CIA used encryption company to spy on other countries for decades: report

CIA used encryption company to spy on other countries for decades: report
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For decades, the CIA secretly monitored government communications from allies and adversaries through its previously undisclosed ownership of a Swiss firm, The Washington Post reported Tuesday.

Beginning in 1970, the CIA and National Security Agency controlled nearly every aspect of Crypto AG, which started as a code building asset for U.S. troops during World War II. 

Crypto's operations — hiring decisions, technology design, subverting algorithms and sales target management — were controlled by the CIA and West German intelligence until the early 1990s.


The arrangement allowed the U.S. and its West German allies to make money off foreign governments while simultaneously stealing sensitive foreign government data and information. Crypto AG sold equipment and made millions of dollars from the governments of Iran, India, Pakistan, the Vatican and military juntas in Latin America, who were all unaware of the CIA's involvement.

In the early 1990s the BND, the German spy agency, reportedly saw the risk of exposure as too high and left the operation. The CIA bought Germany's stake and kept the operation going, using Crypto AG for all its reconnaissance worth until 2018, when the agency sold the company's assets, according to current and former officials cited by the Post and ZDF, a German public broadcaster.

The CIA and the BND declined to comment to the Post, though U.S. and German officials reportedly did not dispute the authenticity of the documents.

Andreas Linde, the chairman of Crypto AG, told the two publications he did not know about the company's connection to the CIA and BND before confronted with the details.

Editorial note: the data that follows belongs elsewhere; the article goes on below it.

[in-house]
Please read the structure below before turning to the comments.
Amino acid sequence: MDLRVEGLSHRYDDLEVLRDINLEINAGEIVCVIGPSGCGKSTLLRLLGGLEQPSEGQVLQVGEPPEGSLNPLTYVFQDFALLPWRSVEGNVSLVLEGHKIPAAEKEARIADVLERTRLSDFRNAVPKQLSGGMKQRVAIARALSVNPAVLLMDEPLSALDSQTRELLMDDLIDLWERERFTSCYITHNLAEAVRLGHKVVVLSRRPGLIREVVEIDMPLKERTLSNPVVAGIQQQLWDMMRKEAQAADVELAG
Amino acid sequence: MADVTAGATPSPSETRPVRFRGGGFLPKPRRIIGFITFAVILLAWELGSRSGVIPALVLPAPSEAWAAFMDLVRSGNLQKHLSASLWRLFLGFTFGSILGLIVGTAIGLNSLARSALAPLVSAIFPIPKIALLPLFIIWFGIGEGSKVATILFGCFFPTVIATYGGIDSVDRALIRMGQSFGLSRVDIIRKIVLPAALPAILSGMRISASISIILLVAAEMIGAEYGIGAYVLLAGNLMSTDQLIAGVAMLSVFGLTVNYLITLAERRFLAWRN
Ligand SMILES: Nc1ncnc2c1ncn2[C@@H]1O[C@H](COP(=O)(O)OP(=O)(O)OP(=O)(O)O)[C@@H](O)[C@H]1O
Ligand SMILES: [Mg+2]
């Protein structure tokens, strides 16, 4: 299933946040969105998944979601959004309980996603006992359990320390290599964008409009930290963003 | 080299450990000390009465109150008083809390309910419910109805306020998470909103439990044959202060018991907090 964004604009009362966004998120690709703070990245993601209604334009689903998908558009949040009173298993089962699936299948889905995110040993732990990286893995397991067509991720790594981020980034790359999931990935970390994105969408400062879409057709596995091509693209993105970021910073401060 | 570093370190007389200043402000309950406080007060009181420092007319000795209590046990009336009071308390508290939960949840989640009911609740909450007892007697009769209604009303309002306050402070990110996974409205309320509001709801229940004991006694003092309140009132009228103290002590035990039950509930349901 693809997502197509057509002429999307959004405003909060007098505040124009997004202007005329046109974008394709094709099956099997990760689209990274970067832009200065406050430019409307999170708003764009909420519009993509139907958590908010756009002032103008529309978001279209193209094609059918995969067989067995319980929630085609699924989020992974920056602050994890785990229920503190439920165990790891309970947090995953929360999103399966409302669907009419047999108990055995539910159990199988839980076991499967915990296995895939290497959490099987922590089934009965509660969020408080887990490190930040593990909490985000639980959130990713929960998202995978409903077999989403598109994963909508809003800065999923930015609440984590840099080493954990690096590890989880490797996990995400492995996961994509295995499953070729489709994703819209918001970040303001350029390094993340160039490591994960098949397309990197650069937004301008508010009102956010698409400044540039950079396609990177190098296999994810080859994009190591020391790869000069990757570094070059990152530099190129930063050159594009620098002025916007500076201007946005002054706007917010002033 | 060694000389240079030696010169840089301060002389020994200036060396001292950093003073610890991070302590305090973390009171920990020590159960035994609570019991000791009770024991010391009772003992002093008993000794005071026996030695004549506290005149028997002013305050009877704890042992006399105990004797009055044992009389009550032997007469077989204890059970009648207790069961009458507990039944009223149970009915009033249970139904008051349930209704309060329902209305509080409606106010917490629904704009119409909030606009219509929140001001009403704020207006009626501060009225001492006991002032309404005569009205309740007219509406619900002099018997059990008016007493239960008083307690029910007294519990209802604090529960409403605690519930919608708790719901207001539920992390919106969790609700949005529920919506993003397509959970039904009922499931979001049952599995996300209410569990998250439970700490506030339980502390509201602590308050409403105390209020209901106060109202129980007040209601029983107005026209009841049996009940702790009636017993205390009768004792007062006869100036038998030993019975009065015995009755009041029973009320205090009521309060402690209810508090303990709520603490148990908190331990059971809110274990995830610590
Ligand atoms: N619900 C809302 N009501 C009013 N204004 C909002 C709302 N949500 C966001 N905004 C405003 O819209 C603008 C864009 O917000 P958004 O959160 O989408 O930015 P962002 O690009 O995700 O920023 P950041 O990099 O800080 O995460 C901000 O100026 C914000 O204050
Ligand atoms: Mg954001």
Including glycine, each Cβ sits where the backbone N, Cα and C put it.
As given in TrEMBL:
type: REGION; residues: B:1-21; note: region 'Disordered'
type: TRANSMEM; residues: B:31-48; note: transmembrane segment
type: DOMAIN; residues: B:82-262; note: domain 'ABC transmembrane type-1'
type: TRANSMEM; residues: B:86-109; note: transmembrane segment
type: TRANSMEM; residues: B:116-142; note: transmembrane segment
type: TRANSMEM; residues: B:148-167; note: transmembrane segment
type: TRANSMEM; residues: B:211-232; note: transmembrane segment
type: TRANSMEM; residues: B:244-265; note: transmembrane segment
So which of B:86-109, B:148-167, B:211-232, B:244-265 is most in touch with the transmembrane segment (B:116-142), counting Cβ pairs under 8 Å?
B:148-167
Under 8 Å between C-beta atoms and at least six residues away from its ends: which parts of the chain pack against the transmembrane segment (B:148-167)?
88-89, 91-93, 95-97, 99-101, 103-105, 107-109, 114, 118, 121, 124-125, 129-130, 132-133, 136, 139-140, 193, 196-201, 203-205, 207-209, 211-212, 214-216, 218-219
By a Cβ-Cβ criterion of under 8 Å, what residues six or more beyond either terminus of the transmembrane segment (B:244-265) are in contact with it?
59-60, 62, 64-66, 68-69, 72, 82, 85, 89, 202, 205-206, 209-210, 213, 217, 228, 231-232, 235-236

Linde said Crypto AG is now investigating all of the technology it sells to determine whether it has any hidden vulnerabilities.


"We have to make a cut as soon as possible with everything that has been linked to Crypto," he said.

The U.S. and other governments have become extremely cautious of foreign technology that they believe could assume the same role as Crypto AG to spy on sensitive U.S. intelligence information.

The U.S. has argued that Chinese smartphone maker Huawei poses a national security threat with its next-generation cellular networks.

President TrumpDonald John TrumpBubba Wallace to be driver of Michael Jordan, Denny Hamlin NASCAR team Graham: GOP will confirm Trump's Supreme Court nominee before the election Southwest Airlines, unions call for six-month extension of government aid MORE spoke last week with British Prime Minister Boris Johnson about the United Kingdom's decision to allow Huawei a limited role in developing its 5G mobile network. Previously, Secretary of State Mike PompeoMichael (Mike) Richard PompeoOvernight Defense: House Democrats unveil stopgap spending measure to GOP opposition | Bill includes .6B for new subs | Trump issues Iran sanctions after world shrugs at US action at UN Navalny calls on Russia to return clothes he was wearing when he fell ill US issues Iran sanctions to enforce UN action ignored by international community MORE made a trip to the U.K. to discuss similar telecommunications matters with Johnson.

Attorney General William BarrBill BarrThe Hill's Morning Report - Sponsored by Facebook - Washington on edge amid SCOTUS vacancy Sunday shows - Ruth Bader Ginsburg's death dominates What Attorney General Barr really said about justice MORE proposed last week that the U.S. consider buying stakes in tech companies Ericsson and Nokia to create more international competition.

"It's all very well to tell our friends and allies they shouldn't install Huawei's, but whose infrastructure are they going to install?" Barr said.

CIA press secretary Timothy Barrett said in a statement, “We are aware of press reporting about an alleged U.S. government program and do not have any guidance.”